The recent blowback in a small New Jersey township over a Facebook post by a Republican deputy mayor who equated undocumented immigrants to “hundreds of rabid, messy, mean raccoons” that had taken over a basement went viral but died down after its author apologized and resigned. But the local controversy comes at a time when similarly intense nativist sentiments are on the rise around the world, even as the planet faces its worst refugee crisis since the World War II.
Mayor Richard P. Diegnan of Mendham Township, New Jersey, also a Republican, did his best to distance himself from the post, an homage to President Donald Trump, whom the former deputy mayor posited was popular because he was the one “exterminator” who could get rid of the metaphorical raccoons that had taken over America's hypothetical basement.
“The Facebook Post does not reflect the views of the Mendham Township Committee or the residents of Mendham Township. I strongly condemn the hurtful viewpoints expressed in the Facebook Post and I believe all people shall be treated with dignity and respect,” Diegnan said in a statement.
No doubt the mayor’s remarks were sincere. But back in November, on the eve of a hotly contested local race, that lawn signs sprung up, warning Mendham Township residents to “Vote Republican” or face the prospect that New Jersey would become a “Sanctuary State” embracing the undocumented. Those signs stayed up until after the election (won by Democrats in a statewide sweep).
At the top of the ticket, then-Lt. Gov. Kim Guadagno also tacked hard right on immigration, playing the fear card by running TV ads that linked Democratic gubernatorial candidate Phil Murphy’s pro-immigrant stand as being equivalent to embracing MS-13, the violent street gang. Meanwhile, down in Virginia, GOP gubernatorial candidate Ed Gillespie fell back on the same strategy against his Democratic rival, Ralph Northam.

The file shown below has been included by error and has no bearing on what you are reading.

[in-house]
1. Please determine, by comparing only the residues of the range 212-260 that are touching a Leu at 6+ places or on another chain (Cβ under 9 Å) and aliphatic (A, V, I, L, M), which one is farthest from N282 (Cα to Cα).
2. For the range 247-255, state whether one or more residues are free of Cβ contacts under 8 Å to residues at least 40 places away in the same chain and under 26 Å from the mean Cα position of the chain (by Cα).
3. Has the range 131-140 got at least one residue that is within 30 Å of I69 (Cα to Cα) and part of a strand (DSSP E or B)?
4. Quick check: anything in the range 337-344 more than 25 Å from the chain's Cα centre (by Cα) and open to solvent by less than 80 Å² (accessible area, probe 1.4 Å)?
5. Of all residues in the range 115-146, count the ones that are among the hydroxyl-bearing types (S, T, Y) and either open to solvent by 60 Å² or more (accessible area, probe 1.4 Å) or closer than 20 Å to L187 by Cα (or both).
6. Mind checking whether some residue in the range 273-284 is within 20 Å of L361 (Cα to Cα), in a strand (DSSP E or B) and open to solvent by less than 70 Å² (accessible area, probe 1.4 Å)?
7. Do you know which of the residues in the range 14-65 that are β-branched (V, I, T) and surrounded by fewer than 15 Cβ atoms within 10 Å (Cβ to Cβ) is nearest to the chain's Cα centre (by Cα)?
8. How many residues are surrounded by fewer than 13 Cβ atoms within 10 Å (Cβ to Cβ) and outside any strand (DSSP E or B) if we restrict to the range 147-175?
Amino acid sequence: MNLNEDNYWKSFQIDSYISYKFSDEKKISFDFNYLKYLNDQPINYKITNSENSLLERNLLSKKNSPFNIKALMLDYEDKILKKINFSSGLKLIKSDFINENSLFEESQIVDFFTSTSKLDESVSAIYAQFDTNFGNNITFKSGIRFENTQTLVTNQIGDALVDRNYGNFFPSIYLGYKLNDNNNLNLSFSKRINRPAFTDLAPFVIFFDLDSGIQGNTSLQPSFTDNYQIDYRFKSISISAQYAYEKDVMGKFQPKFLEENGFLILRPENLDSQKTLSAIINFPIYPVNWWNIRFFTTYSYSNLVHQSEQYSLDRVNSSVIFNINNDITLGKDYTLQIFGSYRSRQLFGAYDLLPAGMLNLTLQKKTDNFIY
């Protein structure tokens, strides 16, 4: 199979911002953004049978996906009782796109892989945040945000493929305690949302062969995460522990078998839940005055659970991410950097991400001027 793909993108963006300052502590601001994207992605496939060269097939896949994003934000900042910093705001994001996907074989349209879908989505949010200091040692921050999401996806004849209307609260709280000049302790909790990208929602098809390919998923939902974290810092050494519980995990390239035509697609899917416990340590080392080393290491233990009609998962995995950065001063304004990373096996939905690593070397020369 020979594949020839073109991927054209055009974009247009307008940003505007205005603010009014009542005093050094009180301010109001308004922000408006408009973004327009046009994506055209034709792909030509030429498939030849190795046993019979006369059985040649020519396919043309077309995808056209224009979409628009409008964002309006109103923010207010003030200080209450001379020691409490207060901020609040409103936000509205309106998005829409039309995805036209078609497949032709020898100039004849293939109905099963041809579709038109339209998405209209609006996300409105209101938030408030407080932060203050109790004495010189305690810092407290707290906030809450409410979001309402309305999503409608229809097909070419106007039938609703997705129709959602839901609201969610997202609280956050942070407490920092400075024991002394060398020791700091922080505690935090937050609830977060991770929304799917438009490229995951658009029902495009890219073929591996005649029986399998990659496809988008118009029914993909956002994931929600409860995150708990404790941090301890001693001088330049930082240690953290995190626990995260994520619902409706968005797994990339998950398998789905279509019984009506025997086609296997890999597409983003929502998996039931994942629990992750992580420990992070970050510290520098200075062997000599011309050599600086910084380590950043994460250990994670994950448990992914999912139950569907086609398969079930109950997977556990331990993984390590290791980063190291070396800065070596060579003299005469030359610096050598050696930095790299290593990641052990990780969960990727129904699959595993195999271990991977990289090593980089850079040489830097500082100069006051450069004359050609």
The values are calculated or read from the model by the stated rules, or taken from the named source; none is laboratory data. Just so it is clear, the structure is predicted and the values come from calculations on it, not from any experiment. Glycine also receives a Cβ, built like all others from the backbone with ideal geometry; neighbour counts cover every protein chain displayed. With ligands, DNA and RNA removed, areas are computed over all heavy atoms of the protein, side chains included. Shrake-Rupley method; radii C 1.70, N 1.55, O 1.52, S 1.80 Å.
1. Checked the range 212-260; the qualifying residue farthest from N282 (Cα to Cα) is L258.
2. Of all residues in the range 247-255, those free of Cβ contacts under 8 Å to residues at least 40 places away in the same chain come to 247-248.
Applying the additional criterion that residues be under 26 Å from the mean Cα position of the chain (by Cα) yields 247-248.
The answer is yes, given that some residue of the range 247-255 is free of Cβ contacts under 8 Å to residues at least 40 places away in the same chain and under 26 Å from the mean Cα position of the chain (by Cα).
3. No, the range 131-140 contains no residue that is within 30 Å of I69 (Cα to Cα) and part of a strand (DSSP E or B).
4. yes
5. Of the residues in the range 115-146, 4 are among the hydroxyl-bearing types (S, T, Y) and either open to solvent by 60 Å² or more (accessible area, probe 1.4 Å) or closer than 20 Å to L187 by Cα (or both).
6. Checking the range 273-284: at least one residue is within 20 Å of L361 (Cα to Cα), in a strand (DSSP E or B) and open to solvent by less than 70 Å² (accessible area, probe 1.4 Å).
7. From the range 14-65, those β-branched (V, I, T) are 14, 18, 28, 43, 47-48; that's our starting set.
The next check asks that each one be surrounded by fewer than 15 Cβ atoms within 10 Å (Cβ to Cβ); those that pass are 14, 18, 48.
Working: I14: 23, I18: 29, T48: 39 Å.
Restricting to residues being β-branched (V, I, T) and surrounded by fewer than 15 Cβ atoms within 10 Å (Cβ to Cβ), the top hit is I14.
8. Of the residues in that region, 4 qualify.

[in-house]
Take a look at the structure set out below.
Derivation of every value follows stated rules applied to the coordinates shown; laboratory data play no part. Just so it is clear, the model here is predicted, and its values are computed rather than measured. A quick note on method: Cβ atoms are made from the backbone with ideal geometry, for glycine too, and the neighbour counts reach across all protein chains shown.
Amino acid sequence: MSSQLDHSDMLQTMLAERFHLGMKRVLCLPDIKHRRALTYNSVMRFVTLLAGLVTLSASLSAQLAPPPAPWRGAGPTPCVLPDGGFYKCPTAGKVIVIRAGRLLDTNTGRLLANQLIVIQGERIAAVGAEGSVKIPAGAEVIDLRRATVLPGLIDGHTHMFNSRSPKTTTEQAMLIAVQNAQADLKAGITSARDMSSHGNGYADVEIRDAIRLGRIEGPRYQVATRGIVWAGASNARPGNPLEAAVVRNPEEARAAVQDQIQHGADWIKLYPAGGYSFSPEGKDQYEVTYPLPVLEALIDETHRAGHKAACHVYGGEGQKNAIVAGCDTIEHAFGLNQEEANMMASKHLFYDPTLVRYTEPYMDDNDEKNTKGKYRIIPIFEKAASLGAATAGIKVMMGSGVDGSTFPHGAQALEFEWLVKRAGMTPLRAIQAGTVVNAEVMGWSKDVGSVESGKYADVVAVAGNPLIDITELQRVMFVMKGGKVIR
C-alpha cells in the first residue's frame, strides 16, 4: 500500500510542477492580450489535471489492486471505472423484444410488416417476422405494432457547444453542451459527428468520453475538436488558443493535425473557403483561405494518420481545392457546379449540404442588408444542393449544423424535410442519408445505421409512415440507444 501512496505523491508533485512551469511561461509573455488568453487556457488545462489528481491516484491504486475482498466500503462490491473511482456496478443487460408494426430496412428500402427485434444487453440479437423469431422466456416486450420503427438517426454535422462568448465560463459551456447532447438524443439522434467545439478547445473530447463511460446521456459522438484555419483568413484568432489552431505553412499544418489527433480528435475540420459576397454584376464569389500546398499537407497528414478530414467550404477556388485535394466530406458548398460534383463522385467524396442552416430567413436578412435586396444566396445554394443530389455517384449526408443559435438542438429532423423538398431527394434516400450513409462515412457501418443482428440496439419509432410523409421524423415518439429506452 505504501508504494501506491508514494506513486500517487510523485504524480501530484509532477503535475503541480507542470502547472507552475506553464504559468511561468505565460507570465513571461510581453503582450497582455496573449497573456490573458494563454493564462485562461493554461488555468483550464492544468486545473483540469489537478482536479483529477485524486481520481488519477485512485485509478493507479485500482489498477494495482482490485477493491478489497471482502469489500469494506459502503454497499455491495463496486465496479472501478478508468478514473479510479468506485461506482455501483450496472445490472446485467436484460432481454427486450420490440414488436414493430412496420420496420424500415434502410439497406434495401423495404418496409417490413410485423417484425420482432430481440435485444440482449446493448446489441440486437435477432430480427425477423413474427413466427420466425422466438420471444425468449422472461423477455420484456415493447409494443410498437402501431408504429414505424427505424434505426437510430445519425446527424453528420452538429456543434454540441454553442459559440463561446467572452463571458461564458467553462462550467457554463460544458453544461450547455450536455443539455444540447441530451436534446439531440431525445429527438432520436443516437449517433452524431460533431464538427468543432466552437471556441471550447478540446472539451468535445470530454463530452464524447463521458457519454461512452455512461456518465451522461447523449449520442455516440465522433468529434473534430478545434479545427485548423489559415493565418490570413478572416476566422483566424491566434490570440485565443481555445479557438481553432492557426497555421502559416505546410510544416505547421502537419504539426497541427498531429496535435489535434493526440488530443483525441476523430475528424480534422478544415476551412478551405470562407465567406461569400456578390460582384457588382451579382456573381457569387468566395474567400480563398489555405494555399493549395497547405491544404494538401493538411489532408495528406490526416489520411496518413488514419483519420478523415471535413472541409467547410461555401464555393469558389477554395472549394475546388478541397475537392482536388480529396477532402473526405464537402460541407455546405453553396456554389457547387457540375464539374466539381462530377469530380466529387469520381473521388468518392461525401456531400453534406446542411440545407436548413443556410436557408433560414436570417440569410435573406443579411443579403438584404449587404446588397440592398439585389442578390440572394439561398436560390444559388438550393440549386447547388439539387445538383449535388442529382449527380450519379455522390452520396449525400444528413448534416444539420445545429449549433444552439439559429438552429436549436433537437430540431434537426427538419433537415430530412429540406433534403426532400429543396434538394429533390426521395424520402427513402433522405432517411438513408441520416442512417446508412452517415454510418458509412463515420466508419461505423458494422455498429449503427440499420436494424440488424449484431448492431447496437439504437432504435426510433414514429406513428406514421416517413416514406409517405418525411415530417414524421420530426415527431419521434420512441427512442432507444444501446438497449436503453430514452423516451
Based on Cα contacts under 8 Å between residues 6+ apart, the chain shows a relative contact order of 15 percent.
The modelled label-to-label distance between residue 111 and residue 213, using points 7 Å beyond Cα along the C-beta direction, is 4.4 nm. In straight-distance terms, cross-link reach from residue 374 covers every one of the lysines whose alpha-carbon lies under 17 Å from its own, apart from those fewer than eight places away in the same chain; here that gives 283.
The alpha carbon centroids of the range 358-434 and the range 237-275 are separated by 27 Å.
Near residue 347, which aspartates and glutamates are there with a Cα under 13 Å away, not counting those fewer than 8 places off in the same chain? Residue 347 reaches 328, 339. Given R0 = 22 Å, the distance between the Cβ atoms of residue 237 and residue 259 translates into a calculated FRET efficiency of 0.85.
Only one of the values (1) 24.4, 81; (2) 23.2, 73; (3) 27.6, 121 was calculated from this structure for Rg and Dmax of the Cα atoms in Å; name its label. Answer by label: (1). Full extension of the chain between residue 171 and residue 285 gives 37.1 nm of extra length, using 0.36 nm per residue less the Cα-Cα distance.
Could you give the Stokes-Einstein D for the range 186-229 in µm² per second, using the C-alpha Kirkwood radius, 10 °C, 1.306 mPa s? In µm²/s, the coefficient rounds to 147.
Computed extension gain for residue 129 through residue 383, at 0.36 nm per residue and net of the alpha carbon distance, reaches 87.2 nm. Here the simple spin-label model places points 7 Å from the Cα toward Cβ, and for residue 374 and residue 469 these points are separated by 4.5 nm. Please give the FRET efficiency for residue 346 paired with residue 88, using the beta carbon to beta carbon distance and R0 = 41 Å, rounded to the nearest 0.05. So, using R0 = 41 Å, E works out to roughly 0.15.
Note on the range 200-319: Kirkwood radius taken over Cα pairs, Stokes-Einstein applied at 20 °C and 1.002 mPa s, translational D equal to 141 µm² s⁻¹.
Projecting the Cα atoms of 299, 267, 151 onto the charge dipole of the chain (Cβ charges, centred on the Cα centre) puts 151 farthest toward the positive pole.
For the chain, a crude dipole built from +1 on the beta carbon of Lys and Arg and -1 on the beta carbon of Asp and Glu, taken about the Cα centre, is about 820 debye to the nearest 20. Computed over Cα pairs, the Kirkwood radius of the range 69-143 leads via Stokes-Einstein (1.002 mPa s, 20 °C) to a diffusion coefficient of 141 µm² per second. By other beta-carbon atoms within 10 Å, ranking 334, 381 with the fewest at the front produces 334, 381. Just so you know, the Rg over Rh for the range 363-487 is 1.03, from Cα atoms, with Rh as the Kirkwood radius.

An issue with international traction
Both Guadagno and Gillespie lost their elections by wide margins. But national polling shows there’s still a loyal base for the anti-immigrant worldview and it will no doubt remain a powerful issue in 2018. This nativist pitch gets real traction in communities where tens of millions of American households saw no recovery and were left behind by a global free trade economy and corporate consolidation.
This is not a uniquely American socio-seismic fault line. In 2017 the New York Times reported that nativist sentiment was getting electoral traction across Europe, where an unprecedented surge of immigrants was testing civil societies historically known for their tolerance.
“Amid a migrant crisis, economic inequality, growing disillusionment with the European Union and a sense of lost national identity, right wing parties in a growing number of European countries have made electoral gains,” reported the Times last October. The ideological spectrum ranged from “populist and nationalist to far-right fascist.”
In reading the platforms of the various anti-immigrant parties that have sprung up there are similar themes to the ones raised in the Facebook post by the former deputy mayor of Mendham. “This country is weak, bankrupt, and our enemies are making fun of us,” he wrote. “We are being invaded by illegals, we are becoming a nation of victims where every Tom, Ricardo and Hasid is a special group with special rights to the point where we don’t recognize the country we were born and raised in.”
There’s a deep feeling of loss and grievance in those words, a sense that there is only so much of the American Dream to go around and that it needs to be rationed for those that are "deserving."
These sentiments also cast Americans as unwitting victims. There is no recognition of how our own government’s trade policies, our own national illegal drug consumption, and our ever-expanding global war on terrorism have all played a role in destabilizing nations around the world. At some point in these places, local populations that feel the brunt take their chances and start on their journey to find somewhere safer.